Narratives and WPA Interviews
K-12 Objectives | Materials
Assessment | Related
Background – Read the backgrounds on the slave interviews and
narratives from the two sites that will be used in this lesson. These
backgrounds can be read by the teacher and presented to students as part
of the introduction to this lesson or read by the students. The readings
the Narratives from American
Slave Narratives: An Online Anthology
Introduction to the Slave Narrative from North
American Slave Narratives, Beginnings to 1920
Opening - This lesson will be taught using two web sites. These
sites contain interviews and narratives of slaves' lives. The interviews
were written in the 1930's. The narratives were written in the 19th
century. The American
Slave Narratives: An Online Anthology web site contains audio file
clips from one of the interviews. To introduce students to this lesson,
selections from this audio file.
Part I Reading and Research
Part II Using the Research
- Step 1 Select interviews or narratives for your students to
read. The reading choices can be based on your students’ interest or
content related objectives. The interviews are annotated, but the narratives
are not. If you have a particular content objective who may want to
review the Annotated
list of interviews. Narratives are listed
alphabetically. If your interest is in students' historical skills,
the choice of interviews and narratives may not be as important.
- Step 2 Assign each student one interview or narrative. Explain
the historical context of the readings before the students begin. The
interviews may reflect a very narrow slice of life among slaves in America.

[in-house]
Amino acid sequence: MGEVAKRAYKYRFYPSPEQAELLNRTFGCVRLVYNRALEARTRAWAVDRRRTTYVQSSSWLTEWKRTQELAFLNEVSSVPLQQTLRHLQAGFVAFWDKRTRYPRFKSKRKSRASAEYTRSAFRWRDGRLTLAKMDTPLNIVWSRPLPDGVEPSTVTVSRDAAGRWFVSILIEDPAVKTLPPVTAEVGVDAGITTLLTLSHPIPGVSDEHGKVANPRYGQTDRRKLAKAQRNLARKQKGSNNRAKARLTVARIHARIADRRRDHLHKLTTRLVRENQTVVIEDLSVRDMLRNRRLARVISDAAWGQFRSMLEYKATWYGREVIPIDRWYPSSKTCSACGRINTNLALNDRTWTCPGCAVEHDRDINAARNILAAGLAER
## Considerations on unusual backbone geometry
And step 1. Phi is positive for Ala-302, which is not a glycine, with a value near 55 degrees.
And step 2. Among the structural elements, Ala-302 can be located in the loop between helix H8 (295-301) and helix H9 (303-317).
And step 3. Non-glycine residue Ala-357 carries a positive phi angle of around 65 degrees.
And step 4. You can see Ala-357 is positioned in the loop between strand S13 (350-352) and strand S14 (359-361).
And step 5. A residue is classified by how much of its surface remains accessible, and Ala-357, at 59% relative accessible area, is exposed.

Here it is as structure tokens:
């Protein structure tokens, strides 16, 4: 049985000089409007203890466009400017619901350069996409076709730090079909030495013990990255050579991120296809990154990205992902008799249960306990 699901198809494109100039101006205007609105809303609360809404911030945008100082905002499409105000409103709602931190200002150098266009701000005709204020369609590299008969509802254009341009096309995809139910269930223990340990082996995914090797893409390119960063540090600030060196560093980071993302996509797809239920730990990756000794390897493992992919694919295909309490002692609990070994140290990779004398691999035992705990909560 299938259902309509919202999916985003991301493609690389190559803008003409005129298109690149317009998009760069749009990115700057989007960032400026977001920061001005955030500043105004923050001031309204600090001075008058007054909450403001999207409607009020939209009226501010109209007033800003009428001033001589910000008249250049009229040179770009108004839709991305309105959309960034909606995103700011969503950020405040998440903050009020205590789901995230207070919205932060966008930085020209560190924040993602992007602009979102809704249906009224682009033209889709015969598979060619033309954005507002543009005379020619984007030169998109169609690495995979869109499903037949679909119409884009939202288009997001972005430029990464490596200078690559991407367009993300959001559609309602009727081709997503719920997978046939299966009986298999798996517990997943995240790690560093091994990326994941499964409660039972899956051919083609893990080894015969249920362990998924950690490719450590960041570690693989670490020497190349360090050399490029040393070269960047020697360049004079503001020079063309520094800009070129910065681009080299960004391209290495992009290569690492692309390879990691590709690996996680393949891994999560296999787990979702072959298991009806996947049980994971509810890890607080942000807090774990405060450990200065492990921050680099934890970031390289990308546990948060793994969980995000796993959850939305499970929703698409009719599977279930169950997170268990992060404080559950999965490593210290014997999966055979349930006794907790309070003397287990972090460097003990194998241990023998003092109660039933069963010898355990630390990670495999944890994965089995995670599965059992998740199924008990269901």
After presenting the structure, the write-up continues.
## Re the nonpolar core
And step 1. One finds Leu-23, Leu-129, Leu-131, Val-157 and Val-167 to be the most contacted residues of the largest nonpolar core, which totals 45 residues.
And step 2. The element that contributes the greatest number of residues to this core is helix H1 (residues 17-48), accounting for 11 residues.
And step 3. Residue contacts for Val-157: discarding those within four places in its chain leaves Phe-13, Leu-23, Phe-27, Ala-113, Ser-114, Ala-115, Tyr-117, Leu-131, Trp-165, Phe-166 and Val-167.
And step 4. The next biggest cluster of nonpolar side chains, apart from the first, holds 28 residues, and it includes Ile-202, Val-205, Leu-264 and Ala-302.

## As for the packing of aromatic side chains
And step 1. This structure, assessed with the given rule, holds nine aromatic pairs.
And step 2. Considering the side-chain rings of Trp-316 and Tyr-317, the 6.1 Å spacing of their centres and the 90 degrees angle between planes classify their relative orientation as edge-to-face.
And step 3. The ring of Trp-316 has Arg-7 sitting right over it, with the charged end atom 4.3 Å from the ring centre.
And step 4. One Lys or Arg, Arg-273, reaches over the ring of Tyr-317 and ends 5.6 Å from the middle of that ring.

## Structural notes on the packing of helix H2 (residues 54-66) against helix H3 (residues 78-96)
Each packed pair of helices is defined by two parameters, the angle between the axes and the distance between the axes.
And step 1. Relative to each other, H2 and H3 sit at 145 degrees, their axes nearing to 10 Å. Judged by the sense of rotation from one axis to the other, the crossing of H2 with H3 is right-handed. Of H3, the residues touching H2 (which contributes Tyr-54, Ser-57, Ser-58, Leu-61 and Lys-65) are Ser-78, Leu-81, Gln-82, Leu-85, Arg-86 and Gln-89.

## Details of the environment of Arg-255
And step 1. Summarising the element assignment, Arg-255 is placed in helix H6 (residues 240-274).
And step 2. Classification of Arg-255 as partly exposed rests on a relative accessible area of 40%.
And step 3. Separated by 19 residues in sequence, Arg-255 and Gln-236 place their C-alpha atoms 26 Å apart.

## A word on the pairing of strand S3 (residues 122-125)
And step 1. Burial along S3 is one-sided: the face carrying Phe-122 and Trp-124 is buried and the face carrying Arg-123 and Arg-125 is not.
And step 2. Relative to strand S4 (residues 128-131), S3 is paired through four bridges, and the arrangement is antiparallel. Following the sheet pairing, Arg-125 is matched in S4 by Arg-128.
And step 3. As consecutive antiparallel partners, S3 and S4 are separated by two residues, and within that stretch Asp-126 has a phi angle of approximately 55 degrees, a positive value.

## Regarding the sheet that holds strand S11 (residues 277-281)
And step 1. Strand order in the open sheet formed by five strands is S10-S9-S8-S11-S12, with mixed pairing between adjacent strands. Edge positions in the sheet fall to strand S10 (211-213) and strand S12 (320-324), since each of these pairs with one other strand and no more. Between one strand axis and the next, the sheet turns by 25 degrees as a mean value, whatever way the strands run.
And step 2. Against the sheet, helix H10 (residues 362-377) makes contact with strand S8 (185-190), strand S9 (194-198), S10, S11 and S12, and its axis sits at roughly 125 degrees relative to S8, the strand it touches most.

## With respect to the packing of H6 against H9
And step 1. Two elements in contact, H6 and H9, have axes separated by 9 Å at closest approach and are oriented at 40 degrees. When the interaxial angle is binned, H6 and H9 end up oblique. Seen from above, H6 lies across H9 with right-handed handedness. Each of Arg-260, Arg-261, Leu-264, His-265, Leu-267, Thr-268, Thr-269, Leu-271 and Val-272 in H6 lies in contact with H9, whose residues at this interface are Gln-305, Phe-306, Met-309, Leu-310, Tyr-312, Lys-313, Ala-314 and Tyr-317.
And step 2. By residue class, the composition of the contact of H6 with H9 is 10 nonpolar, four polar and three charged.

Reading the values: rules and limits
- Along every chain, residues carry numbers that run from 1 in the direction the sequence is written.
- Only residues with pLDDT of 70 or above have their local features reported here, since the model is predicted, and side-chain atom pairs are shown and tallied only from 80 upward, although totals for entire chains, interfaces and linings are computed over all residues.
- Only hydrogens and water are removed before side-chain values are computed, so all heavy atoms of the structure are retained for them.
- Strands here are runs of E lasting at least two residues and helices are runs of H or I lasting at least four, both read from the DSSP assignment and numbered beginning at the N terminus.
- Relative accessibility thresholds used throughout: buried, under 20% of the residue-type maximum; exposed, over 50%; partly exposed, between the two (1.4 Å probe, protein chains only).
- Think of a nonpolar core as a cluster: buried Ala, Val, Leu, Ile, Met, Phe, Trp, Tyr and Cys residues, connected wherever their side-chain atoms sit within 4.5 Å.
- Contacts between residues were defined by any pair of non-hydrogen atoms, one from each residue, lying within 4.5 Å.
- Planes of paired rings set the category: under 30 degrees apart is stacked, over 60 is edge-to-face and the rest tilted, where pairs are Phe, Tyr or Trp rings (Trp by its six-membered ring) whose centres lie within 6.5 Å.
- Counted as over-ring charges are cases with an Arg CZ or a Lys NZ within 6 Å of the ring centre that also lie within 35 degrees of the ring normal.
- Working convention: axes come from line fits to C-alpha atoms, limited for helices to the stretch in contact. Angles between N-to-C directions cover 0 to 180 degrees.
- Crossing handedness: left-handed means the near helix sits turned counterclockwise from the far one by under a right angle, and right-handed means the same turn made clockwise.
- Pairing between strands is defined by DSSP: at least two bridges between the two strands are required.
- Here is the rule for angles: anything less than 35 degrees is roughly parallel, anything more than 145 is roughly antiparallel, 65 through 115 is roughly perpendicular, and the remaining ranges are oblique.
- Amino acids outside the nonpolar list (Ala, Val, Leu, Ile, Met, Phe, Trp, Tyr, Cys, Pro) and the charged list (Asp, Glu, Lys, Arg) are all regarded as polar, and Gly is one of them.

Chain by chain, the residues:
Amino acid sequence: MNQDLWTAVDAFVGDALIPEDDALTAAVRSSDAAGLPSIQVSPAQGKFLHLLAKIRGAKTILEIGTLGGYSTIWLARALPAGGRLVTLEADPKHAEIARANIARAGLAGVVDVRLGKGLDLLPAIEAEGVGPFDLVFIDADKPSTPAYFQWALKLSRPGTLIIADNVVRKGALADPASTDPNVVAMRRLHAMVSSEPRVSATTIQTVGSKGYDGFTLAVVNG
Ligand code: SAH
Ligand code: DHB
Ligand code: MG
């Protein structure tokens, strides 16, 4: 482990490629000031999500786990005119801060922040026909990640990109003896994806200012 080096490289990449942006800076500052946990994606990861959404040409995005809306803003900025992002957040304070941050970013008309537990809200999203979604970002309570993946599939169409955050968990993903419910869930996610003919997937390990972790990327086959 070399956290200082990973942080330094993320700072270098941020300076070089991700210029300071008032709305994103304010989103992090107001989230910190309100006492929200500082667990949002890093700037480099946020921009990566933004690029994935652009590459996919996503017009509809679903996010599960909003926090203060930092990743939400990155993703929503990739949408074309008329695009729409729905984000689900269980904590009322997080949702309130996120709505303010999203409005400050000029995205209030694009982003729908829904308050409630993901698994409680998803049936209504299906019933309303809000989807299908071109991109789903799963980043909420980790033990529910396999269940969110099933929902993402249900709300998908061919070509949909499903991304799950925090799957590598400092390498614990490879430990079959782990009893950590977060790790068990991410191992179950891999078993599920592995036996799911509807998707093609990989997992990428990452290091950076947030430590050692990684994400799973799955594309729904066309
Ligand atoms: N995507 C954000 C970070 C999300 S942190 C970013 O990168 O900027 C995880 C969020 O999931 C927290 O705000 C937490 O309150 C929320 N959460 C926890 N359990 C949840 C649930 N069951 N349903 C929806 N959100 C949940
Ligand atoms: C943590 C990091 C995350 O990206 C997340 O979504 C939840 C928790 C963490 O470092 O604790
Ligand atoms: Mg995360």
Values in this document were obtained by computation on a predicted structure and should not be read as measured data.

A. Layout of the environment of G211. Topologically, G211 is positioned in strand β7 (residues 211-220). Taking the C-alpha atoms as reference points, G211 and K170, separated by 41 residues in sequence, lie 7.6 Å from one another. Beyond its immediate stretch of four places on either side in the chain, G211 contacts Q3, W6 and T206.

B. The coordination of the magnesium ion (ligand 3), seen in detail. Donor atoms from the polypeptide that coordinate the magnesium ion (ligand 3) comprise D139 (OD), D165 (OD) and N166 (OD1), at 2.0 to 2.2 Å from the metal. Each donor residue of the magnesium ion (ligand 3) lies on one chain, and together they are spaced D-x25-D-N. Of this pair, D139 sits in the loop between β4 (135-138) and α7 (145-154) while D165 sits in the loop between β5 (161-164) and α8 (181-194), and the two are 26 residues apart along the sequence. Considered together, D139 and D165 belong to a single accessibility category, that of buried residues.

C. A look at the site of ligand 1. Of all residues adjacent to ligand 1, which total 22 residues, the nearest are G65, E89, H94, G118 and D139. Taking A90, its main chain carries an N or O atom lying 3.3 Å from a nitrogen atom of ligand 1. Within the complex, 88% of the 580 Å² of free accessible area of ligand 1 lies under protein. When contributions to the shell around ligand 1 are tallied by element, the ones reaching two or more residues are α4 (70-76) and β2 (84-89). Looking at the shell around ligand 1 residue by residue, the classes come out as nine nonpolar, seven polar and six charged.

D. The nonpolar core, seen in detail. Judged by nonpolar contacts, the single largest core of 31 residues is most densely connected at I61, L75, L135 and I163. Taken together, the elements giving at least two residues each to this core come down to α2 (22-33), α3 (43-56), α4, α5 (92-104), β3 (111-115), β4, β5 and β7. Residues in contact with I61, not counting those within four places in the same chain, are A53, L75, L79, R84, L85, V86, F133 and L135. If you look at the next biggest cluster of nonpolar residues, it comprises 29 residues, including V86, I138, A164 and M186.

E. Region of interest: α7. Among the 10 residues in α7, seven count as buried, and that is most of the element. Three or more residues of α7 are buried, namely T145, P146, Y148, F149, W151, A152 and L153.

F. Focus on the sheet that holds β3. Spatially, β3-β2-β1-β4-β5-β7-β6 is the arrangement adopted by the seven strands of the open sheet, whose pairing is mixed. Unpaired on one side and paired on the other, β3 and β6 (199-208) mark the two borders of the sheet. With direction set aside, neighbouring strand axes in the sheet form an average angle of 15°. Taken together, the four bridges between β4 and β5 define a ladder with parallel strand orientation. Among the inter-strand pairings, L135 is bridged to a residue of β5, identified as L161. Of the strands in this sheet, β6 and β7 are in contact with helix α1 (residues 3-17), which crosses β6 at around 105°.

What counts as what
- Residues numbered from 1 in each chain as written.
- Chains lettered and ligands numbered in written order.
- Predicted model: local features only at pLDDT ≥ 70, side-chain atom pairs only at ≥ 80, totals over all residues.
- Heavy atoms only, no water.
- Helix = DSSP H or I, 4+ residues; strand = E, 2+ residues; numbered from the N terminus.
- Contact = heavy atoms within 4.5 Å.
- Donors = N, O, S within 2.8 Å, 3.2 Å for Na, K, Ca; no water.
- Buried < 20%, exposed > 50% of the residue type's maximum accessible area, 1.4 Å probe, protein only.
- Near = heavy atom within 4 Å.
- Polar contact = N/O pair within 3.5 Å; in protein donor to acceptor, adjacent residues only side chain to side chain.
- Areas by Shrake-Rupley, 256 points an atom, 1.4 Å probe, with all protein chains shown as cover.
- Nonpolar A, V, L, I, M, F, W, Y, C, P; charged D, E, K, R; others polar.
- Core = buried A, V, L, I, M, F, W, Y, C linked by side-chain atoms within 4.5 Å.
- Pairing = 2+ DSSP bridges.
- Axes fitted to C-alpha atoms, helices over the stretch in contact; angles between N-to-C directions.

They were also conducted over sixty years after slavery ended. The narratives
were written for publication in the popular and the abolitionist press.
This information should be taken into account by students as they read.
The introductions to the web sites listed in the background portion
of this lesson will help students understand the respective contexts
of the documents.
- Step 3 Analyze the document. This analysis should be done using
the document analysis form. This form has
questions relating to the content and the historiography of the document.
By analyzing the content and historiography at once, students will be
able to think historically on content related a subject. The content
analysis portion of the form relates to the National History Standards
construct of historical understanding. This historiography analysis
portion relates to the National History Standards construct of historical
Each student will annotate his or her interview or narrative. The annotation
should be a long paragraph and should include information from the document
analysis form. Some of the items students should be sure to include are;
- Interview - Who was the interviewer? Who was the interviewee?
- Narrative - Who was the narrative about? Who wrote the narrative?
Who published the narrative?
- When it was written?
- Why was the document written?
- A summary of the document contents
- A description of the source in terms of it historical accuracy
Students could annotate their interview or narrative by completing
the following template.
Center for Technology
and Teacher Education,
University of Virginia, This module was created by John
K. Lee University of Virginia